“WHY I WRITE”
I was in ninth grade when I lost my voice. I wish I could tell you that there was a battle involved, that I lost my voice screaming at the top of my lungs at a Beyoncé concert, but those would be all lies. I woke up one morning and it was gone. And what was the worst part? My voice disappeared for three months.
With no warning, no explanation, no known medical cause, my voice just slipped away and took a nice long vacation.
I was a singer. I was notoriously the loudest person in my family. I was a talker, a big one at that, and was occasionally sent outside of my classroom in school for my ceaseless conversations. And then, in one nights sleep, I fell silent.
One truly doesn’t know the power of words, the power of expressing ones thoughts and feelings, until their beautiful ability no longer exists.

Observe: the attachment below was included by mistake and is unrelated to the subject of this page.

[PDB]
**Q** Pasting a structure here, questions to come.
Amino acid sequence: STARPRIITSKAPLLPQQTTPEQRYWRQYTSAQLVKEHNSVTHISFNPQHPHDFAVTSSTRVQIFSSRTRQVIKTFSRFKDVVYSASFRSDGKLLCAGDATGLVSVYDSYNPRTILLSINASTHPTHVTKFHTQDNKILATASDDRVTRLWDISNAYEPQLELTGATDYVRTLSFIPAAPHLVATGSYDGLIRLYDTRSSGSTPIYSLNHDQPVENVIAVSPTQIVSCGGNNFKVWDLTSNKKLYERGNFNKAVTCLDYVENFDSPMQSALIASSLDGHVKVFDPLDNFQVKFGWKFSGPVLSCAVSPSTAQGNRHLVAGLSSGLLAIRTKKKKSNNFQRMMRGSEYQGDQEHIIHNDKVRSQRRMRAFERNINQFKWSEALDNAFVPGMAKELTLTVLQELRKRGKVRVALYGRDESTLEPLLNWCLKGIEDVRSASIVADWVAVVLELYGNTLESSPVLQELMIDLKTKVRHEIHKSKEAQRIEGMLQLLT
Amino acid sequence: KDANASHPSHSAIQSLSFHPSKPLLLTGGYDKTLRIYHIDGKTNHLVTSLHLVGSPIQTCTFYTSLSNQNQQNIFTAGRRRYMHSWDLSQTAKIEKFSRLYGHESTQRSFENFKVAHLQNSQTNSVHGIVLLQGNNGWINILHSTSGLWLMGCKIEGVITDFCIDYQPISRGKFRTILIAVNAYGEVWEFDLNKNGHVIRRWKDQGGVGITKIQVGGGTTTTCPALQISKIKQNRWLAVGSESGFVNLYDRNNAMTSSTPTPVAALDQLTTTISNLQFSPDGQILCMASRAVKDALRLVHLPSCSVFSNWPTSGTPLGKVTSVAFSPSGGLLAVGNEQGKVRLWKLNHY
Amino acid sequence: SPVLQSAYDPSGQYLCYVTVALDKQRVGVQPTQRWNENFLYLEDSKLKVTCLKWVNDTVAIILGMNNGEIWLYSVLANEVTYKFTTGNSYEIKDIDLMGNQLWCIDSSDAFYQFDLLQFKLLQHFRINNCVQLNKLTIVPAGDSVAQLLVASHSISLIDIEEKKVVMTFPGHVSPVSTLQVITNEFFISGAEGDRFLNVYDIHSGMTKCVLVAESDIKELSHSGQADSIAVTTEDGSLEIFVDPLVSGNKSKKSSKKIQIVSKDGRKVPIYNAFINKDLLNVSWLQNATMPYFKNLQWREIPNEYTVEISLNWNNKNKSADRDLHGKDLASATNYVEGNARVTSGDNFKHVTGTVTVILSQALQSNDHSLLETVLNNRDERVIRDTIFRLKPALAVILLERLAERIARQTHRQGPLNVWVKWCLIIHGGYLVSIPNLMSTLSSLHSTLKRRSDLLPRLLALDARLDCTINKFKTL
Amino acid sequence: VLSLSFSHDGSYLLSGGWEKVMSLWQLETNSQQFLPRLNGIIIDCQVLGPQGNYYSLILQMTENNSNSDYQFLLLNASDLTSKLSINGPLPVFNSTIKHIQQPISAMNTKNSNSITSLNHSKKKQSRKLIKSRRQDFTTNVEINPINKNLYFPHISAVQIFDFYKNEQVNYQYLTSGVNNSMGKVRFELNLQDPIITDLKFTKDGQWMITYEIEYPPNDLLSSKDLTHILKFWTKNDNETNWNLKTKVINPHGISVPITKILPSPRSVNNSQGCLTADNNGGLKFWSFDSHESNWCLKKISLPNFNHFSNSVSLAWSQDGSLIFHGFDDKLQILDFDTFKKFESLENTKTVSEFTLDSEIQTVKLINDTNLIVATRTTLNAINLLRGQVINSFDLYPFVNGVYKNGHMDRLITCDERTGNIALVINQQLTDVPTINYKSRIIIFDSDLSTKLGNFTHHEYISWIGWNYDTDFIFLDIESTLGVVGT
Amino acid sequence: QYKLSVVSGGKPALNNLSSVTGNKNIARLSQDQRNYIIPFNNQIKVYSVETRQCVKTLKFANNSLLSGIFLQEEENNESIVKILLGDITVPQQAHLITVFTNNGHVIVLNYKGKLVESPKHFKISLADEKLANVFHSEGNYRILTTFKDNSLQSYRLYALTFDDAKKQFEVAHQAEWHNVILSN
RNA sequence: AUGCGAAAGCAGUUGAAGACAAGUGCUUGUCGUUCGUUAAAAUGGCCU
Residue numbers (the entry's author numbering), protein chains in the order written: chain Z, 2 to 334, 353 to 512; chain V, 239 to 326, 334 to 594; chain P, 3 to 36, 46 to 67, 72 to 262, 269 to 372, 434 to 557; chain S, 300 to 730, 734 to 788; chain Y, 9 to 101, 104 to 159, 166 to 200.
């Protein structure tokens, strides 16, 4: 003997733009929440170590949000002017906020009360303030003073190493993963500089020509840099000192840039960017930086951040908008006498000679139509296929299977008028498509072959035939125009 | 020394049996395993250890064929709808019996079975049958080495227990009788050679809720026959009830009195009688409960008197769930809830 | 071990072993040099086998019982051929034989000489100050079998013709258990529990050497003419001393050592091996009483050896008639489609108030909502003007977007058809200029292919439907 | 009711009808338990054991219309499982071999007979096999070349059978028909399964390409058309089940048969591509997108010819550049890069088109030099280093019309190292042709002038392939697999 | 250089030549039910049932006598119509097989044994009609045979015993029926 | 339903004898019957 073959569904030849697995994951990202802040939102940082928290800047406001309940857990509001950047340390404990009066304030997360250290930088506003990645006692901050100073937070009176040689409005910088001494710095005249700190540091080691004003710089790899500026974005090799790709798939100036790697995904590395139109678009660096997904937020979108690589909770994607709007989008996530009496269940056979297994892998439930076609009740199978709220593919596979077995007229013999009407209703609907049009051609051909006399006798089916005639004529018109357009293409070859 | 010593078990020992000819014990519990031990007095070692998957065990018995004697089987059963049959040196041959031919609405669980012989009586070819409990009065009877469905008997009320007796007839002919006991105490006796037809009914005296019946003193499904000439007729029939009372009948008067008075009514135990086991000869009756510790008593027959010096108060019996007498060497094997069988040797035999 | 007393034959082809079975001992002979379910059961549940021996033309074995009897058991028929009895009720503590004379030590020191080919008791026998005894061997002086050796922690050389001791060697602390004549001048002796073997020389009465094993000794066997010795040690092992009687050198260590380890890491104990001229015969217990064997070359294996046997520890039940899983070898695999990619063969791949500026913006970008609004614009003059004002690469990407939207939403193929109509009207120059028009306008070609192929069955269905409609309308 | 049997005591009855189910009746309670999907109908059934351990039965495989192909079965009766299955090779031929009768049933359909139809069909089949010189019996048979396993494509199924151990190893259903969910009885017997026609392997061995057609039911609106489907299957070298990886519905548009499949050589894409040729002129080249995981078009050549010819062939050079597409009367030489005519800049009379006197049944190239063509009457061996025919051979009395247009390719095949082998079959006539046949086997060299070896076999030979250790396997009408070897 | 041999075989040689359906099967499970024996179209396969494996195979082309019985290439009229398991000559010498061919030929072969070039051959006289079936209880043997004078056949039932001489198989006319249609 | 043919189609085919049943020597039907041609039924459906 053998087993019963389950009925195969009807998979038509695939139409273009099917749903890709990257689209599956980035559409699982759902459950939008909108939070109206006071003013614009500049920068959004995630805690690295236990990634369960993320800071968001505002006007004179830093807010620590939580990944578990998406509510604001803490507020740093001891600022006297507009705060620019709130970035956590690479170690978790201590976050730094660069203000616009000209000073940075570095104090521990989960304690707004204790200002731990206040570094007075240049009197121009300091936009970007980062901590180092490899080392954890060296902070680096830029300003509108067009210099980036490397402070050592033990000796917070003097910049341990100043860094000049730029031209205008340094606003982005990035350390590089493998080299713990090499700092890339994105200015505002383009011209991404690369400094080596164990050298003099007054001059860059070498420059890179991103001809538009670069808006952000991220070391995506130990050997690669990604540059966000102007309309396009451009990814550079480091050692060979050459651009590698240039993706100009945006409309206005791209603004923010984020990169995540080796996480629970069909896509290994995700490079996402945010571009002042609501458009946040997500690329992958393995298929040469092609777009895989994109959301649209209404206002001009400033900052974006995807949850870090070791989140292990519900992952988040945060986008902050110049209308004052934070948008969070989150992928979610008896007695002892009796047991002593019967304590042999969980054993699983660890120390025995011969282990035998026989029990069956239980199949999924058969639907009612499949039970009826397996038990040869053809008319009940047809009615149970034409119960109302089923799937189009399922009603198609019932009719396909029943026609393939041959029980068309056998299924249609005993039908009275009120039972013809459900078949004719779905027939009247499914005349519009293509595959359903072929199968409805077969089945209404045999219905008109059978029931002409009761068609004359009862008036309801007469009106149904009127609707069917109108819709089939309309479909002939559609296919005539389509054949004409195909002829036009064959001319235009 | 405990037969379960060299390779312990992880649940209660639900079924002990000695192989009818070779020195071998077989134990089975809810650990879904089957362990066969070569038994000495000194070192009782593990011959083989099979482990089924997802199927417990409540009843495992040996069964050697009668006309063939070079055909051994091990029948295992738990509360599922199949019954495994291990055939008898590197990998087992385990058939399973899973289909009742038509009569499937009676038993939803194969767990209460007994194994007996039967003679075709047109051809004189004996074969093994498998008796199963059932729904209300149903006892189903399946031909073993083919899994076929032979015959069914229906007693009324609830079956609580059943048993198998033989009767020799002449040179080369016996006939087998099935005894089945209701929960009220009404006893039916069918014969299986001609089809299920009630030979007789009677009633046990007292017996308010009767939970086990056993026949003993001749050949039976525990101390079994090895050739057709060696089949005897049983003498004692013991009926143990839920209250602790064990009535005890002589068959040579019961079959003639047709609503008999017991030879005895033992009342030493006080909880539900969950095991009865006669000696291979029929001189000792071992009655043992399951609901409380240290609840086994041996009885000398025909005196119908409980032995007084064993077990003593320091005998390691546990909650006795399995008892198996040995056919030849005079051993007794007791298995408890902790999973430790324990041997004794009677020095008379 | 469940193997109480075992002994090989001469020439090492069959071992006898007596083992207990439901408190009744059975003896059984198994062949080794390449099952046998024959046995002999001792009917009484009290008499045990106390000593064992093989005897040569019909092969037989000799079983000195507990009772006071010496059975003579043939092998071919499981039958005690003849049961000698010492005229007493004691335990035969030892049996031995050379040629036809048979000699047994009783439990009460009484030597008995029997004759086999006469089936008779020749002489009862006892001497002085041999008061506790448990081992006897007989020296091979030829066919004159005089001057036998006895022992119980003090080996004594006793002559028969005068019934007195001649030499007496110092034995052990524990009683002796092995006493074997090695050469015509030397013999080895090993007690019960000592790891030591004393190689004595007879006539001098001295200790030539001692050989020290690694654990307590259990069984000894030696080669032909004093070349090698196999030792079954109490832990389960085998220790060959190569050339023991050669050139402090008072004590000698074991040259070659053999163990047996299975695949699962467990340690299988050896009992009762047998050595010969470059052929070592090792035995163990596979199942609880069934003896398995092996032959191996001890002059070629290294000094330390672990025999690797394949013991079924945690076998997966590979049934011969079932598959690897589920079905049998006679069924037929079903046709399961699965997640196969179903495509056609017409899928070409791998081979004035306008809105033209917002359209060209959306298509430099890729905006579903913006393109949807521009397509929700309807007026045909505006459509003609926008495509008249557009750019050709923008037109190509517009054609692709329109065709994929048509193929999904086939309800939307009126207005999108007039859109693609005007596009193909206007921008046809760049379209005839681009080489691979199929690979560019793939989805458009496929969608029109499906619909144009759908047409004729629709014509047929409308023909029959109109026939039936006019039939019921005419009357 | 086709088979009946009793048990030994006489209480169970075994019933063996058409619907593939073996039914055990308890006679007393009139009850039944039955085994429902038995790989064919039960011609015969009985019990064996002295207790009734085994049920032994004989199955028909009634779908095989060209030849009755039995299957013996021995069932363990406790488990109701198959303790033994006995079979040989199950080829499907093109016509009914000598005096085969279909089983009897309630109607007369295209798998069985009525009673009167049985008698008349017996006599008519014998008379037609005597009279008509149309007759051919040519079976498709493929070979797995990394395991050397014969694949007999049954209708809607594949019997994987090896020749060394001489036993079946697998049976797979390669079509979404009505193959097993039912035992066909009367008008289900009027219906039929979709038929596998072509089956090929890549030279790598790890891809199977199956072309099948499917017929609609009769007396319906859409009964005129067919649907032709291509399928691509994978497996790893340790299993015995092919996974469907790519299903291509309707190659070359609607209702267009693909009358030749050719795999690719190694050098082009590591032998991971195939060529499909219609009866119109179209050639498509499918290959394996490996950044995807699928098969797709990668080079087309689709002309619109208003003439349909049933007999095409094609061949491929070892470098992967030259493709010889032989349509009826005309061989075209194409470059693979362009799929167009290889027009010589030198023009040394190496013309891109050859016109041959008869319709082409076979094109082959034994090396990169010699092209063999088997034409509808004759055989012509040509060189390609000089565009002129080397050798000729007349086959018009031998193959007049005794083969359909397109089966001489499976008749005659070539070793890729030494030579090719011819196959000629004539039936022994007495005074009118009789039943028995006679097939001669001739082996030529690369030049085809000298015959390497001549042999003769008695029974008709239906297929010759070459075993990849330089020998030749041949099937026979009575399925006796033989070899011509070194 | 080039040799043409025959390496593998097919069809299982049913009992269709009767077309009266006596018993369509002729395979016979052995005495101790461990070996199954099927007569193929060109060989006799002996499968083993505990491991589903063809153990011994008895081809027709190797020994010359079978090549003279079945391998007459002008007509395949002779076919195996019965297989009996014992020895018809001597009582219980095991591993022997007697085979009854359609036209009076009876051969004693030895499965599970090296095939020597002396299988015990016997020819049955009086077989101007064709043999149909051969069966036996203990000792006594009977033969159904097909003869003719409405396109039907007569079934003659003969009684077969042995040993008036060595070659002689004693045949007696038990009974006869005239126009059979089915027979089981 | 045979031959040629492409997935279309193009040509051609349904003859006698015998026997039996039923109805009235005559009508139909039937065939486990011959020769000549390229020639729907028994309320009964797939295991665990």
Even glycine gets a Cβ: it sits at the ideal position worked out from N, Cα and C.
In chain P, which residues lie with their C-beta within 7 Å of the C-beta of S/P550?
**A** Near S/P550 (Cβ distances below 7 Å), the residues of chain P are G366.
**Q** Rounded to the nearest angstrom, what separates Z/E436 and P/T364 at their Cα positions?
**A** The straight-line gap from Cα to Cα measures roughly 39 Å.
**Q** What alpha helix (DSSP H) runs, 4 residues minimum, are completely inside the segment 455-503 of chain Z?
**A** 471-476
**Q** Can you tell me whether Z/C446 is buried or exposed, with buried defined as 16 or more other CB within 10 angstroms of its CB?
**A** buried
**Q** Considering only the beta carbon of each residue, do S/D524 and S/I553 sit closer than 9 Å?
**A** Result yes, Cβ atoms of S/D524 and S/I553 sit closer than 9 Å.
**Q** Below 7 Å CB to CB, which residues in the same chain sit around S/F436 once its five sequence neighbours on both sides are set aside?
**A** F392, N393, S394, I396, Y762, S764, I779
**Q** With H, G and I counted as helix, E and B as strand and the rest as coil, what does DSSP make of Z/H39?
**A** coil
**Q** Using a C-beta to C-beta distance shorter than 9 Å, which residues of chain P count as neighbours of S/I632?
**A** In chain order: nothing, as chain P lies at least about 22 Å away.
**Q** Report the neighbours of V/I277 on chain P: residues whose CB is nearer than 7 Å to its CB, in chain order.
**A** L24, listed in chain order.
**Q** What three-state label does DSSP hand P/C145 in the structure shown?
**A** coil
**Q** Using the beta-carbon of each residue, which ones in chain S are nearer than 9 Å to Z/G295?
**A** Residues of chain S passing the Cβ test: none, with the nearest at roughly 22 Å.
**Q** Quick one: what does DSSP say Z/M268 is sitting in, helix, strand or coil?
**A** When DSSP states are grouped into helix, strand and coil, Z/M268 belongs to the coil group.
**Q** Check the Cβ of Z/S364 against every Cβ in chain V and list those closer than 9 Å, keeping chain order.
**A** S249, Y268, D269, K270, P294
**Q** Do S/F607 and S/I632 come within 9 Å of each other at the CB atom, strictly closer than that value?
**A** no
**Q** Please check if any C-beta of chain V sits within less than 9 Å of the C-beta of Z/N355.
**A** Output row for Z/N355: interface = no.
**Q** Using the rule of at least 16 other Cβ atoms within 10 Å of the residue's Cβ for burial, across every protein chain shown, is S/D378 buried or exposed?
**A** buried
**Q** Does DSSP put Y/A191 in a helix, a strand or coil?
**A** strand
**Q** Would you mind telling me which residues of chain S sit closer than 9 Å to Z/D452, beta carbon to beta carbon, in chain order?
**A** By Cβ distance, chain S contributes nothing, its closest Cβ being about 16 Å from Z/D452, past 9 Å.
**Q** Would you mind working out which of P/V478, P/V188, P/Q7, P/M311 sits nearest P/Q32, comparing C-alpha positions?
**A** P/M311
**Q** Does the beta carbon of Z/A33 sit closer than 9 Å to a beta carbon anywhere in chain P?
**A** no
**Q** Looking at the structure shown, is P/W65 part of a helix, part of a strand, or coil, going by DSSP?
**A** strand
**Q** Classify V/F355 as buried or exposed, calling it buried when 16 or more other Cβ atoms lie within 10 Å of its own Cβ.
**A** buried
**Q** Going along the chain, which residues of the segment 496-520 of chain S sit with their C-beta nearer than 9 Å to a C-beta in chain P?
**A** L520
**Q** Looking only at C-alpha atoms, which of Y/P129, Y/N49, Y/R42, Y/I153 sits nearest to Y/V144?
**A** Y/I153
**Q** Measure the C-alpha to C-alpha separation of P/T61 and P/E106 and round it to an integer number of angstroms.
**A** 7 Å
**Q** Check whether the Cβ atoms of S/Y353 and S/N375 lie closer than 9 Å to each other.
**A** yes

It was when no one could hear what I had to say, what I wanted to say, that I began to write. I wrote everything; what I wanted for dinner, what I thought of different stories we would read in class, whether or not I wanted to go to the movies. I wrote because I had to.
Having no idea whether or not my voice was every coming back, I wrote down all of my feelings which turned out to be pages and pages of fear. When my voice finally came back and I looked back at all I had written over those long and quiet three months, I realized my greatest fear was not being heard. I lived in fear that my words would be forgotten because no one could hear what I had to say, and then it hit me. To write is to speak and though it may not stir up immediate attention, if I write, then my thoughts, my ideas, my words, could never be lost.
When my voice came back, I kept on writing. I kept on writing, and I still haven’t stopped. I write because I can, because it’s an incredible outlet. My writing matters, if to no one but myself, my words mean something, and it is sad that I had to lose my voice in order to realize that.